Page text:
Van Berkel, L., Crandall, C. S., Eidelman, S., & Blanchar, J. C. (2015). Hierarchy, dominance, and deliberation: Egalitarian values require mental effort. Personality and Social Psychology Bulletin, 41(9), 1207-1222.
Jonas R. Kunst: Although integration involves a process of mutual accommodation, the role of majority groups is often downplayed to passive tolerance, leaving immigrants with the sole responsibility for active integration. However, we show that common group identity can actively involve majority members in this process across five studies. Study 1 showed that common identity positively predicted support of integration efforts; Studies 2 and 3 extended these findings, showing that it also predicted real behavior such as monetary donations and volunteering. A decrease in modern racism mediated the relations across these studies, and Studies 4 and 5 further demonstrated that it indeed mediated these effects over and above acculturation expectations and color-blindness, which somewhat compromised integration efforts. Moreover, the last two studies also demonstrated that common, but not dual, groups motivated integration efforts. Common identity appears crucial for securing majorities’ altruistic efforts to integrate immigrants and, thus, for achieving functional multiculturalism.
Kun Zhao: Economic games are well-established experimental paradigms for modeling social decision making. A large body of literature has pointed to the heterogeneity of behavior within many of these games, which might be partly explained by broad interpersonal trait dispositions. Using the Big Five and HEXACO (Honesty-Humility, Emotionality, eXtraversion, Agreeableness, Conscientiousness, Openness to Experience) personality frameworks, we review the role of personality in two main classes of economic games: social dilemmas and bargaining games. This reveals an emerging role for Big Five agreeableness in promoting cooperative, egalitarian, and altruistic behaviors across several games, consistent with its core characteristic of maintaining harmonious interpersonal relations. The role for extraversion is less clear, which may reflect the divergent effects of its underlying agentic and affiliative motivational components. In addition, HEXACO honesty-humility and agreeableness may capture distinct aspects of prosocial behavior outside the bounds of the Five-Factor Model. Important considerations and directions for future studies are discussed within the emerging personality–economics interface.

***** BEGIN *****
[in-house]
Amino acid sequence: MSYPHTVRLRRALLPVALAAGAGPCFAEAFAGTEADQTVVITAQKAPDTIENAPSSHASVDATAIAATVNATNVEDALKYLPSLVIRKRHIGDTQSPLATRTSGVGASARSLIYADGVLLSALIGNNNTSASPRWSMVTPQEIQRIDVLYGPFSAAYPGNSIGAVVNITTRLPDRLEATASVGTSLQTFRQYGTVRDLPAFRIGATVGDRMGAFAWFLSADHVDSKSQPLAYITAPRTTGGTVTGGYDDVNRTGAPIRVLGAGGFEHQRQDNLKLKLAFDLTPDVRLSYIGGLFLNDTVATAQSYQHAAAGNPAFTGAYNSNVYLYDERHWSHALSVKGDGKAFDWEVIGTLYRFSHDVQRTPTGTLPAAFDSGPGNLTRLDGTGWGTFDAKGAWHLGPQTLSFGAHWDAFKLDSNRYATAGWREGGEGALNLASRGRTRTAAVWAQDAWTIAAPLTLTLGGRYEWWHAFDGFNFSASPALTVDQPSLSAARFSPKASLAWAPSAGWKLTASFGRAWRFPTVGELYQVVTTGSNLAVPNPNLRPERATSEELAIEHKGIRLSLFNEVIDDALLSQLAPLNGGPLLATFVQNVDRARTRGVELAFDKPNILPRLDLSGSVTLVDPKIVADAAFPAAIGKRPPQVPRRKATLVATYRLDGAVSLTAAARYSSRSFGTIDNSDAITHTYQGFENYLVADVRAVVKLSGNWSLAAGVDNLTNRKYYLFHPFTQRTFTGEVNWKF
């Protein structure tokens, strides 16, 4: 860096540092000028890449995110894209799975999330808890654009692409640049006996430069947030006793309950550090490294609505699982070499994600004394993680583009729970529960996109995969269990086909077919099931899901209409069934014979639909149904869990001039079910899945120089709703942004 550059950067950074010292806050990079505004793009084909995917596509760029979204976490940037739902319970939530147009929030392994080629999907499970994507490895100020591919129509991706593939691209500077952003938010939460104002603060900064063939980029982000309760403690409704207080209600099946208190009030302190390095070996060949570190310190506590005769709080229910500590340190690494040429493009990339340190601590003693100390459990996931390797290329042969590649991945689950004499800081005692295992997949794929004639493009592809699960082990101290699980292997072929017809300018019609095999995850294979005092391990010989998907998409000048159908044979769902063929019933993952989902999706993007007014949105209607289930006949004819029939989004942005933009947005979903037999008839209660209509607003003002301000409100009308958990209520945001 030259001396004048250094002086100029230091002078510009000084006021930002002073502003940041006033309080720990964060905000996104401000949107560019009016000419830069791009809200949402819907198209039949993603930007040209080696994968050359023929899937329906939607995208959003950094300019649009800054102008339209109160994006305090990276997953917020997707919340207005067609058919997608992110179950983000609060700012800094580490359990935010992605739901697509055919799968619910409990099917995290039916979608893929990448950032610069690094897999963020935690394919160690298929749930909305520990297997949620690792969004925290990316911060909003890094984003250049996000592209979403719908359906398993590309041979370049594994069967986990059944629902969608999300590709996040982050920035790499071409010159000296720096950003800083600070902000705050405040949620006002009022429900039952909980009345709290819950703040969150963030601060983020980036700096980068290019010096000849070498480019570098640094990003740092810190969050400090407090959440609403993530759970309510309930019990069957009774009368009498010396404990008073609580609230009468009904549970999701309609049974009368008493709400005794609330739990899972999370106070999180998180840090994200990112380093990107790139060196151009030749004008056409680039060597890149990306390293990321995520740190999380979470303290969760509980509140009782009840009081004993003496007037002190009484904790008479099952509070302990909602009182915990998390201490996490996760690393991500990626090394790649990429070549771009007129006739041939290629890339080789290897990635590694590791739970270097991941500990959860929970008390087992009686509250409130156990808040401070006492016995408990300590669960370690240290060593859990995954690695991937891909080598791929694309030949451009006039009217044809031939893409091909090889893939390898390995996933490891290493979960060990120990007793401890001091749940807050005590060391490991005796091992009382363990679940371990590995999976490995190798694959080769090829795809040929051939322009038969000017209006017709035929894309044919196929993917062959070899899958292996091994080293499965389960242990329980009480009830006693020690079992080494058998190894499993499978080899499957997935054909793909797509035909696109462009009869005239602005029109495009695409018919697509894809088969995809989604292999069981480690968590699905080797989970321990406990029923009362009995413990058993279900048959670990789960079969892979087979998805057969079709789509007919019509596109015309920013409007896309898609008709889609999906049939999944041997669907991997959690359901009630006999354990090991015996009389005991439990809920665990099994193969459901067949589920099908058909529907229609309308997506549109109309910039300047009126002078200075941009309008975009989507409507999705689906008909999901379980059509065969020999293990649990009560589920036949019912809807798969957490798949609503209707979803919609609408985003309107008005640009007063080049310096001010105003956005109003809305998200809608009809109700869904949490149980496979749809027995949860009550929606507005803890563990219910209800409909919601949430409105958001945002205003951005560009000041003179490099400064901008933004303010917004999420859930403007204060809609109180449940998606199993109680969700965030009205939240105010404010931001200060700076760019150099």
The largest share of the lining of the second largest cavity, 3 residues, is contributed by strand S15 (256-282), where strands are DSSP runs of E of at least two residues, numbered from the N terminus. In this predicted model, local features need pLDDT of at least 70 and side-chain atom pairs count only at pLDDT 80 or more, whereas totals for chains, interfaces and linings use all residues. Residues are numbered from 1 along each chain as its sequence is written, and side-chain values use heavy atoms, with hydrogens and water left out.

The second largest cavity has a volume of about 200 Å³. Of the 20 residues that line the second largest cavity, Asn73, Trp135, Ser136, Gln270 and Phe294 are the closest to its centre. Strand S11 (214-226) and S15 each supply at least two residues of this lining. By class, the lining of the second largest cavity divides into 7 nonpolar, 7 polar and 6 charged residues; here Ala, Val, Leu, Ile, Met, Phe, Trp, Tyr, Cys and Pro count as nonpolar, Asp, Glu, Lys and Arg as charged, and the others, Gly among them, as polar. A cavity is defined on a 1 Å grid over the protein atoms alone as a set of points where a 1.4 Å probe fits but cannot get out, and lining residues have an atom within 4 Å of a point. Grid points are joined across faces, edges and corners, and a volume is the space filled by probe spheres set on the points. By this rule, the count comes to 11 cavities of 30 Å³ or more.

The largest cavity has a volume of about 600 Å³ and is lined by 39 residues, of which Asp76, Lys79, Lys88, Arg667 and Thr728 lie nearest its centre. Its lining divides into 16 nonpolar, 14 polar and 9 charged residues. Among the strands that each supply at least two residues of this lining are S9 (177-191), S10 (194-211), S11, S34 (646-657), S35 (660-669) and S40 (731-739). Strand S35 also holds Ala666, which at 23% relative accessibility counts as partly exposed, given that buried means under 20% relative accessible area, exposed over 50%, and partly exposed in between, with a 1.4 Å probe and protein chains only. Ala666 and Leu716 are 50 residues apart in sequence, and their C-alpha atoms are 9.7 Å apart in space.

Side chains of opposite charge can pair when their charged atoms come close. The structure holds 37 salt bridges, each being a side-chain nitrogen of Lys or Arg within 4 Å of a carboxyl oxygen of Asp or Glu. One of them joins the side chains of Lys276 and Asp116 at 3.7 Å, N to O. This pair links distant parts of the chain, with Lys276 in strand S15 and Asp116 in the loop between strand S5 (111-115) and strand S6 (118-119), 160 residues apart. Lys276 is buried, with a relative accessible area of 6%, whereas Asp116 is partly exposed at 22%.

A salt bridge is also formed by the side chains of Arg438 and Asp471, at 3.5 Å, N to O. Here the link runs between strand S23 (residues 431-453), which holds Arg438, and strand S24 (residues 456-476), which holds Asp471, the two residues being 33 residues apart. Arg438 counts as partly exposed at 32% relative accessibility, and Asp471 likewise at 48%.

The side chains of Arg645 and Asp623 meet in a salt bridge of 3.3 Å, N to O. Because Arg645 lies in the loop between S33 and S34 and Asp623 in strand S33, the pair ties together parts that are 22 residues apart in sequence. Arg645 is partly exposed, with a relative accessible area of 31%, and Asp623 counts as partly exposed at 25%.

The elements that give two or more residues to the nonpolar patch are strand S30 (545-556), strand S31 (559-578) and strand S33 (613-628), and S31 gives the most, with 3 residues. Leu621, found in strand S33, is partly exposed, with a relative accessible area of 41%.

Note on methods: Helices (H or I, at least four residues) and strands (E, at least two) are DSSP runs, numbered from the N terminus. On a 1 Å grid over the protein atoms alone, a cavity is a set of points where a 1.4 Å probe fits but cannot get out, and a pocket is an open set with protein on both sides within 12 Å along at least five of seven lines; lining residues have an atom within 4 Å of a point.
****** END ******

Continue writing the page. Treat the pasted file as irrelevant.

James R. Rae: The industrialized world is becoming more ethnically diverse. Research in several disciplines has suggested that exposure to racial out-groups may be associated with more positive and more negative intergroup attitudes. Given that U.S. states are often at the center of debate regarding diversity-related public policy, we examined how exposure to out-groups is associated with state-level implicit and explicit race bias among White and Black Americans. We found that larger proportions of Black residents across U.S. states were associated with stronger implicit and explicit in-group bias among both White and Black respondents. State-level bias was predicted by proportions of Black residents even when controlling for (a) state-level demographic control variables (e.g., median income), (b) proportions of non-Black minorities, and (c) historical membership in the Confederacy. Our results convey the importance of investigating why diversity may not always have the positive impact on intergroup relations that one might hope it to have.
Samantha J. Heintzelman: Heintzelman, S. J., & King, L. A. (2014). (The Feeling of) Meaning-as-Information. Personality and Social Psychology Review, 18, 153-167.
Bo M. Winegard: Winegard, B. M., Reynolds, T., Baumeister, R. F., Winegard, B., & Maner, J. K. (2014). Grief functions as an honest indicator of commitment. Personality and Social Psychology Review, 18, 168-186.
Jiyin Cao: Cao, J., Galinsky, A. D., & Maddux, W. W. (2014). Does travel broaden the mind? Breadth of foreign experiences increases generalized trust. Social Psychological and Personality Science, 5, 517-525.
Alyssa Fu: Fu, A. S., & Markus, H. R. (2014). My mother and me: Why tiger mothers motivate Asian Americans but not European Americans. Personality and Social Psychology Bulletin, 40, 739-749.
Samantha Joel: Samantha Joel, Amie M. Gordon, Emily A. Impett, Geoff MacDonald and Dacher Keltner (2013). The Things you do for me: Perceptions of a romantic partner’s investments promote gratitude and commitment. Personality and Social Psychology Bulletin, 39, 1333-1345.
Kyle G. Ratner: Kyle G. Ratner, May Ling Halim, and David Amodio. Perceived stigmatization, ingroup pride, and immune and endocrine activity: Evidence from a community sample of Black and Latina women. (2013). Social Psychological and Personality Science, 4, 82- 91.
Xiaowen Xu: Xiaowen Xu, Raymond A. Mar and Jordan B. Peterson (2013). Does cultural exposure partially explain the association between personality and political orientation?. Personality and Social Psychology Bulletin, 39, 1497-1517.